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Turned Wooden Bowl Design

bowl design

Techniques can be easily taught but design is another story. Yet it is probably the most important story in the arts and crafts. In wood turning, refined technique, choice of wood, and grain pattern, as well as finish are icing on the cake but the heart of the issue is design. Without it, the project will never be first class.

It is said that you have to turn several hundred ugly bowls before you begin to turn pretty ones. I have certainly turned my share of ugly, unbalanced and clunky bowls. I am pretty embarrassed when I look at these earlier works. Yet this is how we grow. We start from where we are. We then begin to improve on the design. As our techniques improve we can try more sophisticated designs not possible with more limited ability.

I tend to be a practical person and a bit old fashioned. I feel this is a prerogative of a wood turner in his seventies. My bias is that design should have something to do with function.

As I began to work with larger and larger bowls a design feature began to occur to me. The purpose of a vessel is to contain something. If it is a large vessel, it will contain a lot of something, be it holiday salad, fruit or whatever. That means that the vessel, in this case I am thinking of a large bowl, will be fairly heavy.

Smooth flaring curves of a large bowl’s outer wall can be a bit slippery, especially if oily or wet. So I had the idea to substitute raised beads on the outside of the bowl in place of indented grooves or lines. This serves a couple of purposes. First it gives the fingers something more than a curving slippery surface on to which to hold. Thus it is practical. The heavily laden bowl is less likely to slip through the fingers with raised beads to grip. This makes the bowl more functional and, to my mind, better designed.

The second function it fulfills is to break up the long, somewhat visually monotonous curving side of the bowl, giving it more appeal. The long curve is divided into two smaller curves. Now, most would agree that dividing a space into two unequal parts is more visually appealing than making it right in the middle. So by putting the beads nearer to the rim of the bowl makes the division into unequal parts more functional as it is closer to the gripping fingers while the thumbs are anchored on the rim of the bowl. What should the exact ratio be? That is a personal decision. You need to see what works for you. Personal taste varies so there can be no set rule. The golden ratio is a place to start.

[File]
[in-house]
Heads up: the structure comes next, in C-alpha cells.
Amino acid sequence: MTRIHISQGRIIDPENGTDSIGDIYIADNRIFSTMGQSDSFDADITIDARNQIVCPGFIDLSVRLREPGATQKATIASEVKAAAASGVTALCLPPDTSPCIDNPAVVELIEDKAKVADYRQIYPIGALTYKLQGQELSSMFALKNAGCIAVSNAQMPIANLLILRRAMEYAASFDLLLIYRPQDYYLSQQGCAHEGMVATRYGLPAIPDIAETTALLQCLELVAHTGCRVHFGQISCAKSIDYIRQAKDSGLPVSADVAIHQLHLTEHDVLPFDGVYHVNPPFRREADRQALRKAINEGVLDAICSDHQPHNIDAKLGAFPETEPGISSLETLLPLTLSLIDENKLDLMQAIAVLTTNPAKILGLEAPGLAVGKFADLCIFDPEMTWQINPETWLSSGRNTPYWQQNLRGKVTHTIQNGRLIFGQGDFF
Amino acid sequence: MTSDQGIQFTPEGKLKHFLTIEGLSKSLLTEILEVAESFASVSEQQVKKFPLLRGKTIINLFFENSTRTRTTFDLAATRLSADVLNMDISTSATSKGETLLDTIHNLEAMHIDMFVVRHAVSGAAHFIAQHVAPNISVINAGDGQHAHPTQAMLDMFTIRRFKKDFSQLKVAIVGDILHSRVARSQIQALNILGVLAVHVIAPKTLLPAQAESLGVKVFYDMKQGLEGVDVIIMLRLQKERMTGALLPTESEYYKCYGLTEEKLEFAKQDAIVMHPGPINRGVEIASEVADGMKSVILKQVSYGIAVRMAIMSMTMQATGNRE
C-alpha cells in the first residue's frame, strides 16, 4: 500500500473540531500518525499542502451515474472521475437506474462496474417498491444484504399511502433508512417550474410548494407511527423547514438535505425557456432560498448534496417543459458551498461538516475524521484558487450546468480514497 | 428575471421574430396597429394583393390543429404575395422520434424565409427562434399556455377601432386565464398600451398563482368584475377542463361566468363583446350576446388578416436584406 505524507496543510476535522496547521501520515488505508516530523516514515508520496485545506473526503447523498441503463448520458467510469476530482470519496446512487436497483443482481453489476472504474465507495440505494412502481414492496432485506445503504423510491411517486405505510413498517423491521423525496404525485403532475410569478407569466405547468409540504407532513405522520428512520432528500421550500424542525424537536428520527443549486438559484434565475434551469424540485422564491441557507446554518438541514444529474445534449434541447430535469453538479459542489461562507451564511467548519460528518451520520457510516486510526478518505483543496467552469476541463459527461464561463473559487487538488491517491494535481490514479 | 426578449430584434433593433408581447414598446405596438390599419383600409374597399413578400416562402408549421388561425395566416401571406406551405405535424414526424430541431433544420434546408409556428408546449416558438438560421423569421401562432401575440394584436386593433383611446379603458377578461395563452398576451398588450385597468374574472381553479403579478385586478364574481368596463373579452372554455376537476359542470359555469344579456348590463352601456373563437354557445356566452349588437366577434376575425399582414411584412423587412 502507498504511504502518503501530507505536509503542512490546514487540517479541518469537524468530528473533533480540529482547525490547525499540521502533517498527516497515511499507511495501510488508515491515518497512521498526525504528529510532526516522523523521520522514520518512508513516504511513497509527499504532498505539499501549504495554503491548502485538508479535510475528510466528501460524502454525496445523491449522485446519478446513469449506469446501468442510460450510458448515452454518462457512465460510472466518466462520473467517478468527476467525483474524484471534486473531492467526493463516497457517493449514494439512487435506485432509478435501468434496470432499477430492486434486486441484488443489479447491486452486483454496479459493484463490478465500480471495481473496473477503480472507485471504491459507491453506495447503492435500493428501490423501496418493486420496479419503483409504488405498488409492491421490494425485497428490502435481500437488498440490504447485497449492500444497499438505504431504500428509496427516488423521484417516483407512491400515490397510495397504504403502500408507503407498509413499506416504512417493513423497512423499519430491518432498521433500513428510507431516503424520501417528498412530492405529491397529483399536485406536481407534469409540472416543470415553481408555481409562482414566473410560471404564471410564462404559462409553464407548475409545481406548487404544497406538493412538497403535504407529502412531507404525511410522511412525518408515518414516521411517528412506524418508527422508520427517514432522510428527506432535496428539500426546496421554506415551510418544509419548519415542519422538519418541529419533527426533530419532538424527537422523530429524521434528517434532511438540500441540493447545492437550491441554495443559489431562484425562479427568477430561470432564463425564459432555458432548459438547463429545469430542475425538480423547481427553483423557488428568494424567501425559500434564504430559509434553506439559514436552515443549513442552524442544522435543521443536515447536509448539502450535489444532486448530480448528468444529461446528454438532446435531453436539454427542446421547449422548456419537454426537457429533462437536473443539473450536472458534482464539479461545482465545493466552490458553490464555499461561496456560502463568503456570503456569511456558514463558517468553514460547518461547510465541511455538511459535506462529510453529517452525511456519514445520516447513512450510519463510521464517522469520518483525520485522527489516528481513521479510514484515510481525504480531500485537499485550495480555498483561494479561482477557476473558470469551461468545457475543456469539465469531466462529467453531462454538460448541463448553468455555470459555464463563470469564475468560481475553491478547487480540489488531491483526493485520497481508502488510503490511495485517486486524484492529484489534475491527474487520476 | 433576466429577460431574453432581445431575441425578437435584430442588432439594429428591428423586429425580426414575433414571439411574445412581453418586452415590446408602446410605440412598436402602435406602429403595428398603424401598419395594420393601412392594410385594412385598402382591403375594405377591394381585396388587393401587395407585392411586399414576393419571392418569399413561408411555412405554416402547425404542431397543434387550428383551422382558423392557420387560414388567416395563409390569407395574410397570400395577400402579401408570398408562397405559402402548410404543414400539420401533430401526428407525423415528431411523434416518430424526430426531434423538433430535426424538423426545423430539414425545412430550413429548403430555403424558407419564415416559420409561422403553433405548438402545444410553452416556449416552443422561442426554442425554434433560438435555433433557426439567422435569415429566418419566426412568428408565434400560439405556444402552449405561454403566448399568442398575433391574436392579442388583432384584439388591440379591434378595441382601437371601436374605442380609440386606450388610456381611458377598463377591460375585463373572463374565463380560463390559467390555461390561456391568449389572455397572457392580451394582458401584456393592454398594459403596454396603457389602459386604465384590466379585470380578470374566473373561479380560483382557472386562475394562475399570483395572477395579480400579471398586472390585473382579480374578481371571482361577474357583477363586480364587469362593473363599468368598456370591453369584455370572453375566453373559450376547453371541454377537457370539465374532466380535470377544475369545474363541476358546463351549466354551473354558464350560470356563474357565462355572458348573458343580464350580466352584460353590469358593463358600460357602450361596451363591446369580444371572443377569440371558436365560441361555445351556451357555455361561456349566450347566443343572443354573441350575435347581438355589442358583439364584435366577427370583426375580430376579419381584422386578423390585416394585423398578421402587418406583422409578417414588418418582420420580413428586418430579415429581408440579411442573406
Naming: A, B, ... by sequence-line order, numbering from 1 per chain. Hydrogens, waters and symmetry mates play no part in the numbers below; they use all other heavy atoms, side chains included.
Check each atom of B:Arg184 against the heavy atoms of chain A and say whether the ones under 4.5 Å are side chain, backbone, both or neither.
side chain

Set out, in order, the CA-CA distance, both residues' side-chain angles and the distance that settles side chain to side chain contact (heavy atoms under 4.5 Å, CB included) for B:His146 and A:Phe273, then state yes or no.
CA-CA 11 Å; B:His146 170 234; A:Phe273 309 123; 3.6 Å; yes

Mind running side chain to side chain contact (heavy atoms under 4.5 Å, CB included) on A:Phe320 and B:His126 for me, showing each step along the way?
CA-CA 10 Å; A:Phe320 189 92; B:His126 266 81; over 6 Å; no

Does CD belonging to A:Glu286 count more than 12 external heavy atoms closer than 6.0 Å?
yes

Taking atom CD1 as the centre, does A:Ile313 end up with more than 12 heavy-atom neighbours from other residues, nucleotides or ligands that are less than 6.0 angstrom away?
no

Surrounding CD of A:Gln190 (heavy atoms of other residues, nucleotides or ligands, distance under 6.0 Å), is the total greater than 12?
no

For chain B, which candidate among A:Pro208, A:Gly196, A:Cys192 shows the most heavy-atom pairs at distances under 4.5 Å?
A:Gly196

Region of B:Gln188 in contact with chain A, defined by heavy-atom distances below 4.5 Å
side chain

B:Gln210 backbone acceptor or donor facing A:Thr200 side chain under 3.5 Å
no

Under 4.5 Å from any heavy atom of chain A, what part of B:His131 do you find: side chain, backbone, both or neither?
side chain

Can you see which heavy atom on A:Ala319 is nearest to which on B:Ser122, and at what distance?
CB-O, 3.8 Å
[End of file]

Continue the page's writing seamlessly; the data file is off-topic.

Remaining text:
How many beads to make and how high again is a personal decision. You can decide for yourself if the bowl pictured above is appealing to you or not. There is no one right or wrong way.

Is this something new? My answer to that is that there is nothing new under the sun. Everything has been thought of and expressed before. All ideas and forms exist in nature and we merely recall what we have seen or experienced. No need to take credit for what nature has already done. So, best to be careful to claim authorship of a creation. Go to a museum and learn to your chagrin that artist thousands of years before you had done the same thing. Look at nature and you may see that idea expressed in hundreds of forms.

In fact, it is good training in design to go to museums and see what the ancient were doing with design. It is good to be alert to the magnificent design ideas nature has provided us everywhere we choose to look, from the smallest of the small to the biggest of the big. Design is all around us. When we are alert to it, we see it everywhere.

By studying these examples of nature and man we can see what works for us and what does not. Then we can begin to incorporate these features into our work. At that point, design begins to take on the aspect of a great adventure. As Mae West said: "It ain’t what I do, Honey, it’s how I do it." We all copy, it is just how we copy those ideas into our art that makes the difference.

So, my advice is to be bold. Try new things. Find out for yourself what works and what doesn’t. The possibilities are infinite. There is no joy in smallness, joy is in the infinite, the Vedic wisdom reminds us.

{ 1 comment… add one }
  • Sandra October 6, 2014, 9:42 pm

    I found your website by chance and have enjoyed
    reading about your wood projects or should I say art work.
    Really enjoyed your article on wooden spoons- a family
    pet just today damaged a wooden spoon, so I threw it out- wish
    I had known of your web site earlier, so to blather
    on- I have really enjoyed what you have shared, please

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